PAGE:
In today's Scorpio spec reveal we found out way more about Microsoft's powerful machine, and about the Scorpio Engine, the SOC that the Xbox Scorpio uses, including that the latter contains pretty much all of the core hardware, including GPU, CPU, and processors.
We also got technical specs on this Engine too, as its a 16 nanometre FinFET process node, measuring at about 360 square mm, with seven billion transistors in it, all of which is manufactured by TSMC.
In terms of CPU, the Scorpio does used an evolved version of the Jaguar Core processor that the Xbox One had, with two quad core clusters again like the Xbox One, with 4MB of L2 cache. These Custom x86 processors in the Scorpio also have an upgraded frequency of 2.3GHz, a 31% increase. According to Digital Foundry, Microsoft's aim has been to improve coherency between CPU and GPU, also targeting lower latency as well.
What Microsoft has also done is to essentially make a hardware implementation of DirectX 12, integrated straight into the GPU command processor. What this means is that raw instructions from the CPU that would usually require thousands of instructions have been significantly streamlined to just 11, with state changes also cut down to nine, and Microsoft claims this hardware change should cut CPU rendering workload by 50% on games built with DirectX 12 renderers, including Battlefield 1 and Gears of War 4, for example.
What's more is that audio rendering, which can often be CPU-intensive, can also be offloaded to the dedicated silicon on the engine as well, even though the APB (Audio Processing Block) has the same core hardware as the Xbox One. On this note, spatial audio with Dolby Atmos and Atmos for headphones is also supported for Scorpio, essentially adding a height level for 7.1 surround, and all owners (whether that be the One, One S, or Scorpio) will benefit from the upgrade.
In terms of GPU, there is indeed the six teraflops we were promised back at E3 last year, broken down into 40 compute units, compared to the Xbox One's 12 and the PS4 Pro's 36, each of these clocking at 1172MHz, compared to Xbox One's 853 and PS4 Pro's 911, meaning the Scorpio has a 43% compute advantage.
In terms of memory, there's 6.8GHz GDDR5 modules on a 384-bit memory bus, with 12 of those modules, adding up to a bandwidth of 326 GB/s total. 8GB of the 12GB GDDR5 total will be available to game creators, as opposed to five on the original Xbox One and PS4 Pro, but system reservation has also gone up, however, from 1GB to 4GB, so Scorpio's dashboard can render at native 4K, for instance (the Xbox One S couldn't do that).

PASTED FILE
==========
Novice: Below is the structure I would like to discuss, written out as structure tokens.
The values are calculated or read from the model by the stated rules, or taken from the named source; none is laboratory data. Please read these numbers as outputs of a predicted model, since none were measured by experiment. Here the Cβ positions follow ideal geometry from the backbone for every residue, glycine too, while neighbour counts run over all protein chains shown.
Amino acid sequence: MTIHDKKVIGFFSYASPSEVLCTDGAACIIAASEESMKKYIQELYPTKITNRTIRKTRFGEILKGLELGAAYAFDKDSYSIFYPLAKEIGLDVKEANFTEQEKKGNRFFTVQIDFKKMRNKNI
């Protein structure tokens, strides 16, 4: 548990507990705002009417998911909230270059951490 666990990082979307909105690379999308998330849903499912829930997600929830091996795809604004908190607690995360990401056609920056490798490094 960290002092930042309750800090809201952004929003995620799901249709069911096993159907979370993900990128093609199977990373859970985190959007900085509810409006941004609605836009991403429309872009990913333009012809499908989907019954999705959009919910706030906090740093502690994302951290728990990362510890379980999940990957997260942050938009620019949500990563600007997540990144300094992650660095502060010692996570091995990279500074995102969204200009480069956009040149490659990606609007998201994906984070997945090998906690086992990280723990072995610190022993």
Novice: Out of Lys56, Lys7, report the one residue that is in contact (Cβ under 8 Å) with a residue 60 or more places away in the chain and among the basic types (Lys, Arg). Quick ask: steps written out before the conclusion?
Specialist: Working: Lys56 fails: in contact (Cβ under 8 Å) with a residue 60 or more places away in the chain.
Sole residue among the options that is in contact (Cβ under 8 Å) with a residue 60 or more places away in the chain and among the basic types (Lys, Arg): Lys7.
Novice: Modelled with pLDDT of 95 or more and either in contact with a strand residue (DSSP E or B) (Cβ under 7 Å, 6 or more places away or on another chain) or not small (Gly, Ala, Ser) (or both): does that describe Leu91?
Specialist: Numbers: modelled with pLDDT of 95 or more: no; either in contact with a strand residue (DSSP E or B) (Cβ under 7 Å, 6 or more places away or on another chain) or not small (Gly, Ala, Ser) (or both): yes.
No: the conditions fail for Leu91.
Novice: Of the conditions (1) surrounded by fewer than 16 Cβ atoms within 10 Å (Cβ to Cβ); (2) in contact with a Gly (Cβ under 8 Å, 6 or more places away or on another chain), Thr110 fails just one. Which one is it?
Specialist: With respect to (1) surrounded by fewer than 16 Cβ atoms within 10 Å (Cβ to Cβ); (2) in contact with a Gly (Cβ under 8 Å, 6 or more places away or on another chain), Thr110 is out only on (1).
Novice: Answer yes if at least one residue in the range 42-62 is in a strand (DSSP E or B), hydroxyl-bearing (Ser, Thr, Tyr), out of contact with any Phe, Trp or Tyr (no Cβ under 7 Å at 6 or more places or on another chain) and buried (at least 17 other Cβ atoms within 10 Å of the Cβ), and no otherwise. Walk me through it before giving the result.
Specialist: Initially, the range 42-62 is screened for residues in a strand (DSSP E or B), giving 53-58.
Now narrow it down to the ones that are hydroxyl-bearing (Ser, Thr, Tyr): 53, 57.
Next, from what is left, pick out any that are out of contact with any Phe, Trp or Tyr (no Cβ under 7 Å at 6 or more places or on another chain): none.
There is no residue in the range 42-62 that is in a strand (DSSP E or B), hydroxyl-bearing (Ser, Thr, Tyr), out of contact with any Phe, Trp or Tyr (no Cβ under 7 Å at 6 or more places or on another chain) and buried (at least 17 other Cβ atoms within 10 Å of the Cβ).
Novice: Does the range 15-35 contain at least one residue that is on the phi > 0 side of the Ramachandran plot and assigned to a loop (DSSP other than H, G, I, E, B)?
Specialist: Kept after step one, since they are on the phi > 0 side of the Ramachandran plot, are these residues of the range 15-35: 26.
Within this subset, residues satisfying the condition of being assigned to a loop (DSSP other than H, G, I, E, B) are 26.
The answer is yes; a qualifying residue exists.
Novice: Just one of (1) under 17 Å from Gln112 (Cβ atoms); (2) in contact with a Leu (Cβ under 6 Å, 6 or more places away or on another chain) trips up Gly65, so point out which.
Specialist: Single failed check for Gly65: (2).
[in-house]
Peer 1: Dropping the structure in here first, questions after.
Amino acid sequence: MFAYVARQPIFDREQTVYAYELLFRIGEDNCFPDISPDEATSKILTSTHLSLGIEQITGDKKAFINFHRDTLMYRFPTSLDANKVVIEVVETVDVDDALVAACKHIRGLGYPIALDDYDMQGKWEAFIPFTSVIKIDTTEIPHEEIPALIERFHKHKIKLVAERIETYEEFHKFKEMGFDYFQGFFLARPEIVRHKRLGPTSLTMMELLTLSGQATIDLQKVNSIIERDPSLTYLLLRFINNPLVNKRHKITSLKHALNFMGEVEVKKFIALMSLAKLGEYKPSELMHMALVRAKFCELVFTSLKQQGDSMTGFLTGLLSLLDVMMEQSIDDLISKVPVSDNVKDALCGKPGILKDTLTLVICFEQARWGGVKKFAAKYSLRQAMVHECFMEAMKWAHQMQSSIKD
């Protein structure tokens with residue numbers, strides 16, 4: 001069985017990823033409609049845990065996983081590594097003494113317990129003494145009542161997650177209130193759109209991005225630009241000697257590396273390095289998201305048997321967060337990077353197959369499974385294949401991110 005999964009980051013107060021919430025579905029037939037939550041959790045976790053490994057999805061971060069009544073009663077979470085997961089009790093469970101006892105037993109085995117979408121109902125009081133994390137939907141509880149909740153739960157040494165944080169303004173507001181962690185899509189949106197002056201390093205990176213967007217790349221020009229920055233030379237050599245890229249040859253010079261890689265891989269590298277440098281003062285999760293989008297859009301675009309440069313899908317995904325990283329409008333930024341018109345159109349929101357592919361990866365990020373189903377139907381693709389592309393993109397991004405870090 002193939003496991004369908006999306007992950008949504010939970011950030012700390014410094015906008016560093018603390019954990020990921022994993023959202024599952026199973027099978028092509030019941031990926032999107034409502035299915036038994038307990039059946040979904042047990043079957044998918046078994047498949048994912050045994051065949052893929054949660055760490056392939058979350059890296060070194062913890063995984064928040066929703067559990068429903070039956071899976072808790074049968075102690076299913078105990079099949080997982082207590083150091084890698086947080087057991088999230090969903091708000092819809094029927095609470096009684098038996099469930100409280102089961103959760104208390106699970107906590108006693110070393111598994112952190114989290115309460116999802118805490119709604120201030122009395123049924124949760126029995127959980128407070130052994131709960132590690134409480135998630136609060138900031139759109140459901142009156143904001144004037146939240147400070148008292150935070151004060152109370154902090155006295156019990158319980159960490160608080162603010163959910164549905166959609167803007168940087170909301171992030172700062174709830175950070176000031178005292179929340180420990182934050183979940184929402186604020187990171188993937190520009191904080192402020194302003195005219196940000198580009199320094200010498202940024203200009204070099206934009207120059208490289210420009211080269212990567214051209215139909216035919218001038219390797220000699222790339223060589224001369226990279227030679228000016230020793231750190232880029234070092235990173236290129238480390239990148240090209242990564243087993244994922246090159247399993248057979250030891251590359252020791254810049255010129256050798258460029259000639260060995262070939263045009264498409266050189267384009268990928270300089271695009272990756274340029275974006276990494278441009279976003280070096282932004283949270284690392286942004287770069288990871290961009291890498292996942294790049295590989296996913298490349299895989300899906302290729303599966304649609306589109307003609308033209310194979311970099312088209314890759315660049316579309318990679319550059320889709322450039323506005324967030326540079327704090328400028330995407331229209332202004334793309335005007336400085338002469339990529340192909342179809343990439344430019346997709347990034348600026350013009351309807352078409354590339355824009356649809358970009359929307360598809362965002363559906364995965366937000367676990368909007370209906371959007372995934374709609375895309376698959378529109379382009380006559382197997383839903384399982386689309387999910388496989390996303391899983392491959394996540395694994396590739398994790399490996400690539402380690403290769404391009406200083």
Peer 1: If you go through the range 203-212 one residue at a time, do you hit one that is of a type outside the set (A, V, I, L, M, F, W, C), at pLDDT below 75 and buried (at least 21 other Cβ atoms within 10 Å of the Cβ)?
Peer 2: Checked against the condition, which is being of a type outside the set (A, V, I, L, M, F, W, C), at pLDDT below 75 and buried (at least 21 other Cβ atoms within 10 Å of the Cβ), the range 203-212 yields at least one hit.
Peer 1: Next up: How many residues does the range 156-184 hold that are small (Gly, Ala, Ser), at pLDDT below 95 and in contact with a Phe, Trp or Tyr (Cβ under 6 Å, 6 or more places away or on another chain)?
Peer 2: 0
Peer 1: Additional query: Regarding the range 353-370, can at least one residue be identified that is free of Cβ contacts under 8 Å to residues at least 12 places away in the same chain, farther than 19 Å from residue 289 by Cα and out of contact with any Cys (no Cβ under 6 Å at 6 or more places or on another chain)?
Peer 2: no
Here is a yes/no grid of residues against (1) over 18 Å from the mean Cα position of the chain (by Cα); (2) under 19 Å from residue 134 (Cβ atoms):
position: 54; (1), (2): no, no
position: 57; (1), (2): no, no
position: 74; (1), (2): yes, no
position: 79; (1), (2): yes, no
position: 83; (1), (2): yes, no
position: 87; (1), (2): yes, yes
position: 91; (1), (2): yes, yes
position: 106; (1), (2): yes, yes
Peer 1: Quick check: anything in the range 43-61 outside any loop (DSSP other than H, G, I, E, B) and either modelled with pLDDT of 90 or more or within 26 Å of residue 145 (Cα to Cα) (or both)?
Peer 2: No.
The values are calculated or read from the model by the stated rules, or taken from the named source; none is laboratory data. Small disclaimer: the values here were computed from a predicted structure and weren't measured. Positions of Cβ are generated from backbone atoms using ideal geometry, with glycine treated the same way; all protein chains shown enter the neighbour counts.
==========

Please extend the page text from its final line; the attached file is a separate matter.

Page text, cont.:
All this customised hardware was achieved by Microsoft looking at existing games to see where bottlenecks were on the hardware, using hardware emulators to see how game code performed, balancing the hardware with those results to get optimal performance. This also allowed the GPU specifically to try and diminish engine and game specific bottlenecks, with about 60 specific customisations on the GPU.
According to Digital Foundry, using an early prototype Scorpio, Forza Motorsport 6's engine was ported to the console in two days, and a screenshot was taken (which we've included below). With maximum cars, the game hit 4K and 60 FPS, with the GPU using 66.19%, dropping to around 55% with fewer cars, and increasing to around 70% too. It was emphasised that this was a port, and the only Scorpio enhancements made were 4K art assets and resolution, so it seems we may well see 1080p Xbox One games running at native 4K. There was some texture filtering in the distance, but improving shouldn't be an issue, and Microsoft are also aiming to get 900p games running at native 4K too. 1080p users, don't fret though, as all Scorpio games will supersample down to 1080p from full 4K, and all game modes will be available to all users regardless of display. Game DVR is also getting a 4K/60 HEVC video upgrade on the Scorpio as well.
The GPU for Scorpio has features derived from AMD's Polaris technology, and Digital Foundry also compared the Scorpio to the Radeon RX 480, with 40 compute units compared to Radeon's 36, a core clock of 1172MHz to Radeon's 1266 (on max boost), a die size of 360 square mm compared to Radeon's 232, and 6 teraflops compared to Radeon's 5.8 (again on max boost).
Digital Foundry also talked about the Hovis method, where every Scorpio Engine processor that is made has its own power characteristics, and every Scorpio motherboard is balanced with its specific processor in order to keep heat low and maximise efficiency. A vapour champer cooling assembly is also used in this regard, similar to high end coolers for GTX 1080 graphics cards. Heat is pushed out through the back of the machine via a large fan too, and there are no vents on the console.
So, now you have a bit more information about the Scorpio, are you impressed?